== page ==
The Ojibway Indians’ sense of humor sparkles through these stories set on the fictional Moose Meat Point Indian Reserve, connected by a dirt road to the town of Blunder Bay. If some of them seem “far-fetched and even implausible,” Basil L. Johnston writes, “it is simply because human beings very often act and conduct their affairs and those of others in an absurd manner.
These twenty-two stories were originally collected under the title Moose Meat and Wild Rice. Among the most memorable of the stories is “They Don’t Want No Indians,” in which all attempts are made to circumvent bureaucratic red tape in order to transport a dead Indian to his home for burial. One of the funniest is “Indian Smart: Moose Smart,” which pits a moose in a lake against six Moose Meaters in two canoes. “If You Want to Play” and “Secular Revenge” play on misunderstanding and imperfect communication. Still other stories, like “What Is Sin?” and “The Kiss and the Moonshine,” reveal the clash of different cultural approaches. All show the warm heartedness and good will of the Ojibway Indians. If they are gently satirized, so are the whites who would change them, and with good reason. Government ineptitude and rigid piety are foisted on the Moose Meaters, who have only thirty thousand acres to move around in.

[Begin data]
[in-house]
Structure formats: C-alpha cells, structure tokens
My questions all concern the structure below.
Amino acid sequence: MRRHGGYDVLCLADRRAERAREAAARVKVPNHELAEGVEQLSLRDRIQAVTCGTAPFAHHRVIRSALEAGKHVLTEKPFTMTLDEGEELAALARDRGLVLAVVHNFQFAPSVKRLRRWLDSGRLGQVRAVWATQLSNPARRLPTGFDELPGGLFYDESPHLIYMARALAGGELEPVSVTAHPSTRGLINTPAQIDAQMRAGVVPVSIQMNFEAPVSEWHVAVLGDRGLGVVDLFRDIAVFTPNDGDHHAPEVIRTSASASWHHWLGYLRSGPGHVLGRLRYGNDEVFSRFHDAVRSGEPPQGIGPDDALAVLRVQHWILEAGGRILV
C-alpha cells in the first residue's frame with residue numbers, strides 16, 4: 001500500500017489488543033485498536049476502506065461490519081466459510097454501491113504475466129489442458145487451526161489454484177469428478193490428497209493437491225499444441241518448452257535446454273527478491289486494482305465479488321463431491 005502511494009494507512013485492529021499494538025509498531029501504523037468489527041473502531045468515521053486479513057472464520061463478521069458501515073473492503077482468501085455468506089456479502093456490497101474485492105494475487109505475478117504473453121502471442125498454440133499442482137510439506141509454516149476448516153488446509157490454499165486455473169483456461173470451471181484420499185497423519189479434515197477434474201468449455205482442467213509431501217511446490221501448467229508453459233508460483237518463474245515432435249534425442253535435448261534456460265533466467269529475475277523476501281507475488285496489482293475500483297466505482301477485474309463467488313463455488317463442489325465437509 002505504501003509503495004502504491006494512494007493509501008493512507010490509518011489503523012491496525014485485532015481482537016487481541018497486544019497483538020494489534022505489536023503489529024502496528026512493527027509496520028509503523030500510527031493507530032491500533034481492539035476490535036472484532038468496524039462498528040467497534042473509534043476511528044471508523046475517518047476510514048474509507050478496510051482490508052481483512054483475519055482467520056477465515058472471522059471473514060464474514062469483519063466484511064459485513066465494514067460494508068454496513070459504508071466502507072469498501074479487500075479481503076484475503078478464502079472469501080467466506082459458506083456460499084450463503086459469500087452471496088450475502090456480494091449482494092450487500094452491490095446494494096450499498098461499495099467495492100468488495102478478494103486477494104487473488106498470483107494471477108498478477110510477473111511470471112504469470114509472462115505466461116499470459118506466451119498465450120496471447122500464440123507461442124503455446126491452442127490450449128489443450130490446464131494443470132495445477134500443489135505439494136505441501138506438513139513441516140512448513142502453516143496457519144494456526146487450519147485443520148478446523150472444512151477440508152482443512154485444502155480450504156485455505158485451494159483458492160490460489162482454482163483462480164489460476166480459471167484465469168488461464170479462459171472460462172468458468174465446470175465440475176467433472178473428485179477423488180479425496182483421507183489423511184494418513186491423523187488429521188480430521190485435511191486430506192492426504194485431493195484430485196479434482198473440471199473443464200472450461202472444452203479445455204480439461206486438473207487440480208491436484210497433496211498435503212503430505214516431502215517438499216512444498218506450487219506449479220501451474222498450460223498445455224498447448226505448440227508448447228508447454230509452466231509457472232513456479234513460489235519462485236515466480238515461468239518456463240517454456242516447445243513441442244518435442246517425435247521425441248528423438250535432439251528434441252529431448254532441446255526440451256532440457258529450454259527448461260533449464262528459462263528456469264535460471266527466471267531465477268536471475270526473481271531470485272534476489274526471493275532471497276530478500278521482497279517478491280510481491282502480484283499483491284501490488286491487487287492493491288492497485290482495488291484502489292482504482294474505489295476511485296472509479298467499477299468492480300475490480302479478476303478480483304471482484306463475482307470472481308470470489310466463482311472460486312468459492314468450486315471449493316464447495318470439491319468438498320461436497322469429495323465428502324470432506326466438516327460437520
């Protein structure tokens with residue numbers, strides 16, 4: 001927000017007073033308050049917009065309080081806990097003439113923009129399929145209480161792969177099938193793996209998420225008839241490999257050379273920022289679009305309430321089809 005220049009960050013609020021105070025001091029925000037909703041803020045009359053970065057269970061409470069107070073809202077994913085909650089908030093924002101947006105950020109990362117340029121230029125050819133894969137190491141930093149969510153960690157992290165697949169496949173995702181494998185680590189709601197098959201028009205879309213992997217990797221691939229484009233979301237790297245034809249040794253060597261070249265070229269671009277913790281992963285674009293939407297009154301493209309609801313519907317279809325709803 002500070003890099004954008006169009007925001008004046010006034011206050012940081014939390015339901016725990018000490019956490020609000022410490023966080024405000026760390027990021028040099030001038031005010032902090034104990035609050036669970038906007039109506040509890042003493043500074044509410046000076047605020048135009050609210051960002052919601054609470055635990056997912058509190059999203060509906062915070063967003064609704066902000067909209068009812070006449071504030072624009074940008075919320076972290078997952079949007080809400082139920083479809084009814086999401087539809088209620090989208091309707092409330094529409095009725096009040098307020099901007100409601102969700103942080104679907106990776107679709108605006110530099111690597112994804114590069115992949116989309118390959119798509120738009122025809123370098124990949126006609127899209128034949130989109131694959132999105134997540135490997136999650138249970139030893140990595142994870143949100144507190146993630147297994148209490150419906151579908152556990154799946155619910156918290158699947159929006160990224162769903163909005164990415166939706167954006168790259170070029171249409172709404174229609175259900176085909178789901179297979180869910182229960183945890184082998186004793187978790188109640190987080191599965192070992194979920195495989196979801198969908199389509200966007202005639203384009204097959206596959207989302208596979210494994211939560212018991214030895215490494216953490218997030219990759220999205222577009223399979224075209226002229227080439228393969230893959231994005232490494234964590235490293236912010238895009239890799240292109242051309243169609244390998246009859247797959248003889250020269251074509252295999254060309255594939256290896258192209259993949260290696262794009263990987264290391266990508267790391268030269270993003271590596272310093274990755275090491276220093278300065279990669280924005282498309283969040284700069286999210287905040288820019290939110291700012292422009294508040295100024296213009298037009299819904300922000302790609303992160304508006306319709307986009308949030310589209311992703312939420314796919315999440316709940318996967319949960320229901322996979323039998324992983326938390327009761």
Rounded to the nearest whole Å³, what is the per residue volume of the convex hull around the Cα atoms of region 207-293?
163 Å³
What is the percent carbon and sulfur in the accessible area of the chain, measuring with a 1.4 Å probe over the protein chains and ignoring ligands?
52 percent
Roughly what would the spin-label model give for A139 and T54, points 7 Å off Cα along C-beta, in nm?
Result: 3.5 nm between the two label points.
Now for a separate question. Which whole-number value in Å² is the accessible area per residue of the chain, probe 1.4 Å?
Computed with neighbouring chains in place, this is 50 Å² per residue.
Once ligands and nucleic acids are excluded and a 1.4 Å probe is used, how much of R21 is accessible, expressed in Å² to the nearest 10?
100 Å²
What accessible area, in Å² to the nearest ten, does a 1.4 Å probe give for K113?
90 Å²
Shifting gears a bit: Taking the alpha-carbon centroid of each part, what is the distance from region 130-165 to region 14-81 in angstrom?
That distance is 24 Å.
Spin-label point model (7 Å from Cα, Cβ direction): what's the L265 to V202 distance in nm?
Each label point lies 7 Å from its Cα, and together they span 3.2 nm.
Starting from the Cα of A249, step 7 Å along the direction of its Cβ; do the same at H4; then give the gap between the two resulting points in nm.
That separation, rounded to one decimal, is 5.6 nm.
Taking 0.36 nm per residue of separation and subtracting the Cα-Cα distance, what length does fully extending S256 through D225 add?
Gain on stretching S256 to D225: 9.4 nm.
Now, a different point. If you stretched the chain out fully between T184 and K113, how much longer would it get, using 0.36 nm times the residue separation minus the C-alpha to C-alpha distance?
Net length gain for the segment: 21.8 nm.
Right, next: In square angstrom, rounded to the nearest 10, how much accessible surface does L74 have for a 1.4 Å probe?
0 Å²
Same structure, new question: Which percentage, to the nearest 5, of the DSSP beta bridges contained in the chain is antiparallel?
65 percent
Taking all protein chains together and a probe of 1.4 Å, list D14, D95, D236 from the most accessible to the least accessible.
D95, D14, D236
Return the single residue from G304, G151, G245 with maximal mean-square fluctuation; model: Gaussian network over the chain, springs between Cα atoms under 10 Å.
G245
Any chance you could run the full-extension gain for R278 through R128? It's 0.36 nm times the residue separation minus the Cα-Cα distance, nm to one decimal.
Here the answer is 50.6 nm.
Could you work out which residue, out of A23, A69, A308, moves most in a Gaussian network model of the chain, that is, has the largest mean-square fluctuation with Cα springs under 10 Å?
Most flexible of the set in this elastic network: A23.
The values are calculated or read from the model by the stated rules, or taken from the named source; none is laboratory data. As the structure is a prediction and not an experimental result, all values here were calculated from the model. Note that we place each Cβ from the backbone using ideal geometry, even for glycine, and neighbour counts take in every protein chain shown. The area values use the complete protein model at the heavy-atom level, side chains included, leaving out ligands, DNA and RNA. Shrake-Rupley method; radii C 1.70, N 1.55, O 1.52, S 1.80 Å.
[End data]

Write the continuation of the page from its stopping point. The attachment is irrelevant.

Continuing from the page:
Basil Johnston is an Ojibway who was born on the Parry Island Indian Reserve.
188 pp — ©1978